At a glance.
- TFI International unit's data being leaked by DoppelPaymer operators.
- Conti ransomware has a data leak site.
- DarkSide as the future of organized cybercrime.
Extortionists threaten to release customer data stolen from logistics firm.
According to ASI, Montréal-based TFI International, a major transportation and logistics company, has disclosed that its four Canadian courier divisions—Canpar Express, ICS Courier, Loomis Express and TForce Integrated Solutions—were hit by DoppelPaymer ransomware on August 19th. Some of the subsidiaries have said they'd contained the incident and had seen no evidence of data compromise, but the DoppelPaymer operators said that they had names and financial information belonging to Canpar Express customers. They were preparing, they said, to leak these online. Freight Waves reports that indeed some internal Canpar data have been leaked on a dark web site.
Conti ransomware's data leak site.
BleepingComputer reports that the operators of Conti ransomware (regarded as the successor to the well-known and damaging Ryuk strain) have established an online dump site where they can post information stolen in their attacks. The site currently has twenty-six victims.
Moreno Carullo, CTO and Co-Founder of Nozomi Networks, offered some comments on Conti's dump site:
“A data leak web site is a relatively recent phenomenon that’s gaining traction as a coercion strategy in the ransomware operator’s playbook. Once a large percentage of the breached organizations started to have proper backups in place, ransomware organizations needed a new way to force the victims into paying the actual ransom. Data leak websites were the answer to that need.
"An efficient ransomware organization operates in pipeline, with specific people in charge of the actual network compromise and ransomware deployment, while others may deal with the monetization operations. As a target, you not only need to understand how the attackers made their way towards your company assets, now you also have to handle the threat of your stolen private company data being exposed.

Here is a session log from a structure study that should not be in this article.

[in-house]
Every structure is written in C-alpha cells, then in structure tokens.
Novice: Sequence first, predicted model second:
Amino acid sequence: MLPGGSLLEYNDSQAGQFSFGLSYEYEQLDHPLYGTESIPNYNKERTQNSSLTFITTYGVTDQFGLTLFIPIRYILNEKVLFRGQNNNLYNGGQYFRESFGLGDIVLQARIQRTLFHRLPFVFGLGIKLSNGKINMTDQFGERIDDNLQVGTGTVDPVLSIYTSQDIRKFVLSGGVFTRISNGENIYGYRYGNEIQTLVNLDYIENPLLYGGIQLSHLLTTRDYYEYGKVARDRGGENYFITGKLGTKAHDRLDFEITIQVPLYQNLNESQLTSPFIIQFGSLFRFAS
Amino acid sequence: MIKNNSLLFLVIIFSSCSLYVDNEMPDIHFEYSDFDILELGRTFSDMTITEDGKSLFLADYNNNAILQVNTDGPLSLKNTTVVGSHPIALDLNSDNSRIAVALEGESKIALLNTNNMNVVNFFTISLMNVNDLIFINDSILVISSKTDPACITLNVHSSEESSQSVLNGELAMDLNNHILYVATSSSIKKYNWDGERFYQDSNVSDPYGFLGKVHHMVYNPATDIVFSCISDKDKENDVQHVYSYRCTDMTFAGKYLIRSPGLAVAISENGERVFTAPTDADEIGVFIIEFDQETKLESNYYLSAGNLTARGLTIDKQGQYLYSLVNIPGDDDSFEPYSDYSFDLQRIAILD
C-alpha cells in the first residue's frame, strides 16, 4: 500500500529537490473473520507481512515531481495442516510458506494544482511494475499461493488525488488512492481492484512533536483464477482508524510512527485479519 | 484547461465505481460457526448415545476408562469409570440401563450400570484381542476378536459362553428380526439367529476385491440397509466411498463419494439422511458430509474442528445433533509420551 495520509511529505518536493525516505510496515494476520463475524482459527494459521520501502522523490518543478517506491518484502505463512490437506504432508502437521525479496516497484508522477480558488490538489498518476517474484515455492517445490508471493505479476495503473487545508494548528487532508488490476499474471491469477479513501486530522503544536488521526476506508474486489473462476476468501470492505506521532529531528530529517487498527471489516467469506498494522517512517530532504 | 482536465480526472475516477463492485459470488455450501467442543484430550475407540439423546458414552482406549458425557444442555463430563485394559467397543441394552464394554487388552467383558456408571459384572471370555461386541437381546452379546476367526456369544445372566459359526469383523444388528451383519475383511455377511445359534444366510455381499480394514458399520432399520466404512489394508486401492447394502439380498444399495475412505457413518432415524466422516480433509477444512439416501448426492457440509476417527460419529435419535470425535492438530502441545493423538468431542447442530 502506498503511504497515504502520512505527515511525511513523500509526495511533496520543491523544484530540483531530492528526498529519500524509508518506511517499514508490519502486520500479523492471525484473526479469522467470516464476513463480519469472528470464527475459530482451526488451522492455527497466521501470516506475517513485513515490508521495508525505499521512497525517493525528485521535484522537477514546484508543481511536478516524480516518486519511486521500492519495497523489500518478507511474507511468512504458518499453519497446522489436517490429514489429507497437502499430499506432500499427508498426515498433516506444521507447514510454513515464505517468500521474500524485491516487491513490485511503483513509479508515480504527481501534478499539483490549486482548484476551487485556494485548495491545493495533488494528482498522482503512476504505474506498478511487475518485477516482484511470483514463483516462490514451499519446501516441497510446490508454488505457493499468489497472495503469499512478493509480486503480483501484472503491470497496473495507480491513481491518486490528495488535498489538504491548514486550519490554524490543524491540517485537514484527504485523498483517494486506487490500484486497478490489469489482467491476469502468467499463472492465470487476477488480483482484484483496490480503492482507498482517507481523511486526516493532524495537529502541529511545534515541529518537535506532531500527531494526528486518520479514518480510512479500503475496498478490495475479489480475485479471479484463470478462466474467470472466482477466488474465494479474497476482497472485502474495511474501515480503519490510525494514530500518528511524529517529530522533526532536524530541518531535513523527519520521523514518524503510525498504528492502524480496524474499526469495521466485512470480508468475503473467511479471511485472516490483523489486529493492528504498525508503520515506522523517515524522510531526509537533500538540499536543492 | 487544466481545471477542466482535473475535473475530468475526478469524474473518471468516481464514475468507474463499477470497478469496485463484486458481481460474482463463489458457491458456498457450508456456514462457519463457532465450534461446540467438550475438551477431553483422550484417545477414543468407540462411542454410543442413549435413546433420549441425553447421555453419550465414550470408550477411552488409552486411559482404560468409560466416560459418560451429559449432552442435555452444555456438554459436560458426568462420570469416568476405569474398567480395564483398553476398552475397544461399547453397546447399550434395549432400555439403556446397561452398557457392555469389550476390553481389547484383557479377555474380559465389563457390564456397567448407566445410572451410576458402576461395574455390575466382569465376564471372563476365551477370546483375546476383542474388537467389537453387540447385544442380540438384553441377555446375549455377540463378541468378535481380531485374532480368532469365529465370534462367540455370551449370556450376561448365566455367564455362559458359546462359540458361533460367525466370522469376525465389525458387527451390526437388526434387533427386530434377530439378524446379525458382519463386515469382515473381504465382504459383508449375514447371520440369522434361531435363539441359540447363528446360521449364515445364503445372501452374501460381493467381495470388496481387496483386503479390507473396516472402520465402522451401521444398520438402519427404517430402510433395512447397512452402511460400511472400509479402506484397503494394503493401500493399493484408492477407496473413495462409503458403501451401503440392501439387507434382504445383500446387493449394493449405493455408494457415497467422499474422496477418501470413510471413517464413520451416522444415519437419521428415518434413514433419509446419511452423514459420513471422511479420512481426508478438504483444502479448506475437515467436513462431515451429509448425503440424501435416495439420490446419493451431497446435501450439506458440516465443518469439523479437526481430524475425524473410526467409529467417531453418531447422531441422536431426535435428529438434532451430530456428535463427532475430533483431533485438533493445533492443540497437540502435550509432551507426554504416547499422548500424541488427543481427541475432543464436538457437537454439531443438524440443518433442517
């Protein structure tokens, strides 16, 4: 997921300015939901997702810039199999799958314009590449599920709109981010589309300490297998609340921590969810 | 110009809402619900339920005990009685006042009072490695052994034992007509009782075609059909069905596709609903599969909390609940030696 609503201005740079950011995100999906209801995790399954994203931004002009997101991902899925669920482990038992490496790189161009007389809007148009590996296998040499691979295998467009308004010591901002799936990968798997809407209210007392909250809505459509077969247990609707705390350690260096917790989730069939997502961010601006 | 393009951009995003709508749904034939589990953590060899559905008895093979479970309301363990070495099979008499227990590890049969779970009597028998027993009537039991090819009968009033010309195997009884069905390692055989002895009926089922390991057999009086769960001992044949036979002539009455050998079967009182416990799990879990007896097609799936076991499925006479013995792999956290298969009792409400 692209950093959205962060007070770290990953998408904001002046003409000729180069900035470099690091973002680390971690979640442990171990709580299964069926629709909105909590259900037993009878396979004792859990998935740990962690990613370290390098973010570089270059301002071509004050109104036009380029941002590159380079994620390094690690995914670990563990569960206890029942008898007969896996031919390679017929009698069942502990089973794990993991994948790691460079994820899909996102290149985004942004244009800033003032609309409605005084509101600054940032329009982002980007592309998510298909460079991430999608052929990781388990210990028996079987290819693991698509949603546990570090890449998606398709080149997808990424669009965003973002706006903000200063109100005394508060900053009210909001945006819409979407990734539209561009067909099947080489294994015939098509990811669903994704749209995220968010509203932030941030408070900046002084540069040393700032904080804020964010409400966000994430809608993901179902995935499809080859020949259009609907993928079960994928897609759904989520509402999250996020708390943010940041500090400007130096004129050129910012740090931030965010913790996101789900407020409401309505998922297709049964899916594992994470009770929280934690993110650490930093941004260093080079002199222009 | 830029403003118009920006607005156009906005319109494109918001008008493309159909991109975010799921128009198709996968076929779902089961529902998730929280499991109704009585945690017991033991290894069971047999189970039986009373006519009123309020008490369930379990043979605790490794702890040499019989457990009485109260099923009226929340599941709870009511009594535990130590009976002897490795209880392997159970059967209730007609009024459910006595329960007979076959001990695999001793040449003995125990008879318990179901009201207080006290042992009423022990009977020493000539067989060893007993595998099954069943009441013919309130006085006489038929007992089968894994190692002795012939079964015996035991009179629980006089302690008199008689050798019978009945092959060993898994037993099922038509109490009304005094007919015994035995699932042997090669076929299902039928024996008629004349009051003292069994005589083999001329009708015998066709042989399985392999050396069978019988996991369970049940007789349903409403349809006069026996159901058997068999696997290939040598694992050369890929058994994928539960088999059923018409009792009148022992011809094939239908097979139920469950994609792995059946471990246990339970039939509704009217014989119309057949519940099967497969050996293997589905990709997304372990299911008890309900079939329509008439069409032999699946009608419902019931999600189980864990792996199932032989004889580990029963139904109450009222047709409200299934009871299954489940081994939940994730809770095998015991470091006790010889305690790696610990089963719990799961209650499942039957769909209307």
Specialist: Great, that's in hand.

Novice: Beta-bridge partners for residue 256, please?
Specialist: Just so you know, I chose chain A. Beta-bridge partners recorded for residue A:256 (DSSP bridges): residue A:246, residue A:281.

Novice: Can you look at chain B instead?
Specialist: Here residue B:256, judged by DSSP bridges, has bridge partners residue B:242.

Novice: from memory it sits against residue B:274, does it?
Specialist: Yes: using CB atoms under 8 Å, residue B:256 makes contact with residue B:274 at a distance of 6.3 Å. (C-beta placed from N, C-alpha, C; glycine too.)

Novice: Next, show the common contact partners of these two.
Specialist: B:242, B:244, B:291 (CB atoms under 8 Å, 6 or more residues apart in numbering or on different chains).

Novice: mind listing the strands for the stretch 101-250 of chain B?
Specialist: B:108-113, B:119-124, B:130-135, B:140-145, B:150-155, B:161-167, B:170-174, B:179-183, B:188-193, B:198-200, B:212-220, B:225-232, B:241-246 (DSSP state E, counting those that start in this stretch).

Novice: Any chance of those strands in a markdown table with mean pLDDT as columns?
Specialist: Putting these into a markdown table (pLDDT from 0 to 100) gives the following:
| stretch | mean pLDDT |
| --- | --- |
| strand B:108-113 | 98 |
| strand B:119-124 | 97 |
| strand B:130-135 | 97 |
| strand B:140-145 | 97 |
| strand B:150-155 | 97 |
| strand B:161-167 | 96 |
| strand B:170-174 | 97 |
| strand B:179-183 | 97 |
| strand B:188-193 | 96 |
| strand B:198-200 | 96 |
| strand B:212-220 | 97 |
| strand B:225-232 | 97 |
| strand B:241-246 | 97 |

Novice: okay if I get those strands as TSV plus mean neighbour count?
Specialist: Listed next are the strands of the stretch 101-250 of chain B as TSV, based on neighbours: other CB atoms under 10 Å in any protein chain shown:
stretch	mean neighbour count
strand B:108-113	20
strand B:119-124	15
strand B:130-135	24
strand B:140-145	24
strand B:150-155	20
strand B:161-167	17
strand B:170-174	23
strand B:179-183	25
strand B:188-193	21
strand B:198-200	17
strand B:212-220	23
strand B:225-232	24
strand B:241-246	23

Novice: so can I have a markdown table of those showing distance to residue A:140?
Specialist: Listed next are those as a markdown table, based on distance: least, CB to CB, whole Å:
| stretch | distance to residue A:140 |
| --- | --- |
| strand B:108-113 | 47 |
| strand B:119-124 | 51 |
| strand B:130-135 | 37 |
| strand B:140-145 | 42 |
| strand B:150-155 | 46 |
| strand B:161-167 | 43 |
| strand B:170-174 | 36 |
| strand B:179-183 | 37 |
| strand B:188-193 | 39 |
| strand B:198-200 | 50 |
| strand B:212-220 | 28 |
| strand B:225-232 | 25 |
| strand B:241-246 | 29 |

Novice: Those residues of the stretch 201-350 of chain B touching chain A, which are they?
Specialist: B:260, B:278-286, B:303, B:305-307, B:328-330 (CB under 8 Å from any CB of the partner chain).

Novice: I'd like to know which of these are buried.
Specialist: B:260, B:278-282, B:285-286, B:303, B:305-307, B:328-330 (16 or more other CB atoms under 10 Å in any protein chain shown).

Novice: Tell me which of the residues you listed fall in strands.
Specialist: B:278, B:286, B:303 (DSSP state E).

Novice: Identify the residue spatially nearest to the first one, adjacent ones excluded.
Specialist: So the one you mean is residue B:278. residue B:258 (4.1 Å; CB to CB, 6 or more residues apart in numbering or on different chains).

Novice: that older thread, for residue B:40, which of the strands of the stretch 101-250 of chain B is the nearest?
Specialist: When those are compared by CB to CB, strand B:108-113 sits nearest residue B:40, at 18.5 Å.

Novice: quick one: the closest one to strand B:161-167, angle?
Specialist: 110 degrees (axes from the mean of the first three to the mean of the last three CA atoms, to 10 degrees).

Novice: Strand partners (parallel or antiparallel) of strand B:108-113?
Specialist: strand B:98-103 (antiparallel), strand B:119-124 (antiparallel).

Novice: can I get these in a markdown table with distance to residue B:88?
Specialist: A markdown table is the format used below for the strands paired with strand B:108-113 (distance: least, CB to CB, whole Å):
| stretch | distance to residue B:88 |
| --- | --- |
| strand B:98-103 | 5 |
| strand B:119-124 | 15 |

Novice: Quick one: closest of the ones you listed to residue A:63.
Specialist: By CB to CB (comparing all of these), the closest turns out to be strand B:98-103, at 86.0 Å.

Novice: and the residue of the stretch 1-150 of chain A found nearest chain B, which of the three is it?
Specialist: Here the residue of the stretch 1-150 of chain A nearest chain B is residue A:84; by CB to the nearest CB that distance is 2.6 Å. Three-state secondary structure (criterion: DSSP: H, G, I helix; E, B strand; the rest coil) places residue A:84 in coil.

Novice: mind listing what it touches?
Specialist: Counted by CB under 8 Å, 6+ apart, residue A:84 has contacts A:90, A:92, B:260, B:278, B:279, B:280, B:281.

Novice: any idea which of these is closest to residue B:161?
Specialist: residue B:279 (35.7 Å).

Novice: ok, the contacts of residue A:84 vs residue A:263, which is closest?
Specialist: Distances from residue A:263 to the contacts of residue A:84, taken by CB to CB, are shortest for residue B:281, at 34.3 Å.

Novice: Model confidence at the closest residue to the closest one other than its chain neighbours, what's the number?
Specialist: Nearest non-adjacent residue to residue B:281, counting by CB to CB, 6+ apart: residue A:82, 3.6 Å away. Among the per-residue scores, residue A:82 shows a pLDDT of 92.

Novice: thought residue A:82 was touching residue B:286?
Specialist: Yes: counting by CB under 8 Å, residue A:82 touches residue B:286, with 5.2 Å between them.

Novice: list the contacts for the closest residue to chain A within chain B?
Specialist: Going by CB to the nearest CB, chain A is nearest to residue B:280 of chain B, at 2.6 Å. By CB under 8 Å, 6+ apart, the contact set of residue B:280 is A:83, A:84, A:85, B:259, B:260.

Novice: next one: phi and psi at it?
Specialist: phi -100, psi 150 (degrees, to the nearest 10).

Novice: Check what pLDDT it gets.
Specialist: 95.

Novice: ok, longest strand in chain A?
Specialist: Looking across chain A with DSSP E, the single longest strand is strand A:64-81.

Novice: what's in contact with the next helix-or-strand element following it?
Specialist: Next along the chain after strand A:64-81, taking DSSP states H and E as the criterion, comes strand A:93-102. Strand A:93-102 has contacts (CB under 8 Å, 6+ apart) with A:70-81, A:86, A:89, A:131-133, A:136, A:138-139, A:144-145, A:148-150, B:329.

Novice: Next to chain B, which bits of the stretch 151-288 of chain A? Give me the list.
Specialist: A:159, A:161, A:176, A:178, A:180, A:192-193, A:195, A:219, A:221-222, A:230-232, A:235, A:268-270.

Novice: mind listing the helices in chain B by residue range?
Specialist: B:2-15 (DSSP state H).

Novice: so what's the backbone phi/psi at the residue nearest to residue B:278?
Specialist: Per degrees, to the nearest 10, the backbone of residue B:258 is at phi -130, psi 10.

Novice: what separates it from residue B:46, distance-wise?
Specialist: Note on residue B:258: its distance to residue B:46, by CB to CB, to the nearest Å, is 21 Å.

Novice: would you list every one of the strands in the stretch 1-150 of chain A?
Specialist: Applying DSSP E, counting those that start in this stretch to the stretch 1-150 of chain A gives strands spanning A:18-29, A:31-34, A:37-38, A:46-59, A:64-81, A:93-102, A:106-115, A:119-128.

"From the point of view of the attackers, the best way to leverage a data leak website is probably just to use it as a further leverage against new victims. It’s unlikely that every company breached will get a spot on such websites, since this will likely attract too much attention from the media and law enforcement, but the threat can be used effectively during ransom negotiations."
The criminal market adapts and evolves. Carullo added some thoughts on what can be expected from the gangs when their profits drop: "As we’ve said many times in the past, a ransomware organization’s core business consists of extracting the maximum monetary gain from their victims. As soon as they see a drop in the conversion rate, they’ll explore new strategies to keep the business running.”
DarkSide ransomware as an exemplar of professional crime's future.
WIRED looked at the DarkSide ransomware and its operators, whom it sees as "corporate" and "cruel," a distillation of underworld trends toward careful target selection, careful calibration of demands to offer a painful but tempting option to pay, and with ruthless reprisal against victims who refuse them. The consequences of refusal involve unambiguous use of stolen data, much of which is personally identifiable information.
Greater ruthlessness is accompanied, paradoxically or not, by good victim service. “The groups are increasingly becoming ruthlessly efficient,” says Brett Callow, a threat analyst at antivirus company Emsisoft. “They have more of a chance of success the easier they make life for their victims—or the easier they make it to pay them.” DarkSide represents the latest and slickest manifestation of this trend, but it's not the first. REvil emulated customer service best practices (responsive chats, etc.) and Maze built a reliable affiliate network, a kind of Amway for ransomware. DarkSide doesn't appear so far to moved toward an affiliate model, but it's set a standard for clear-eyed market research.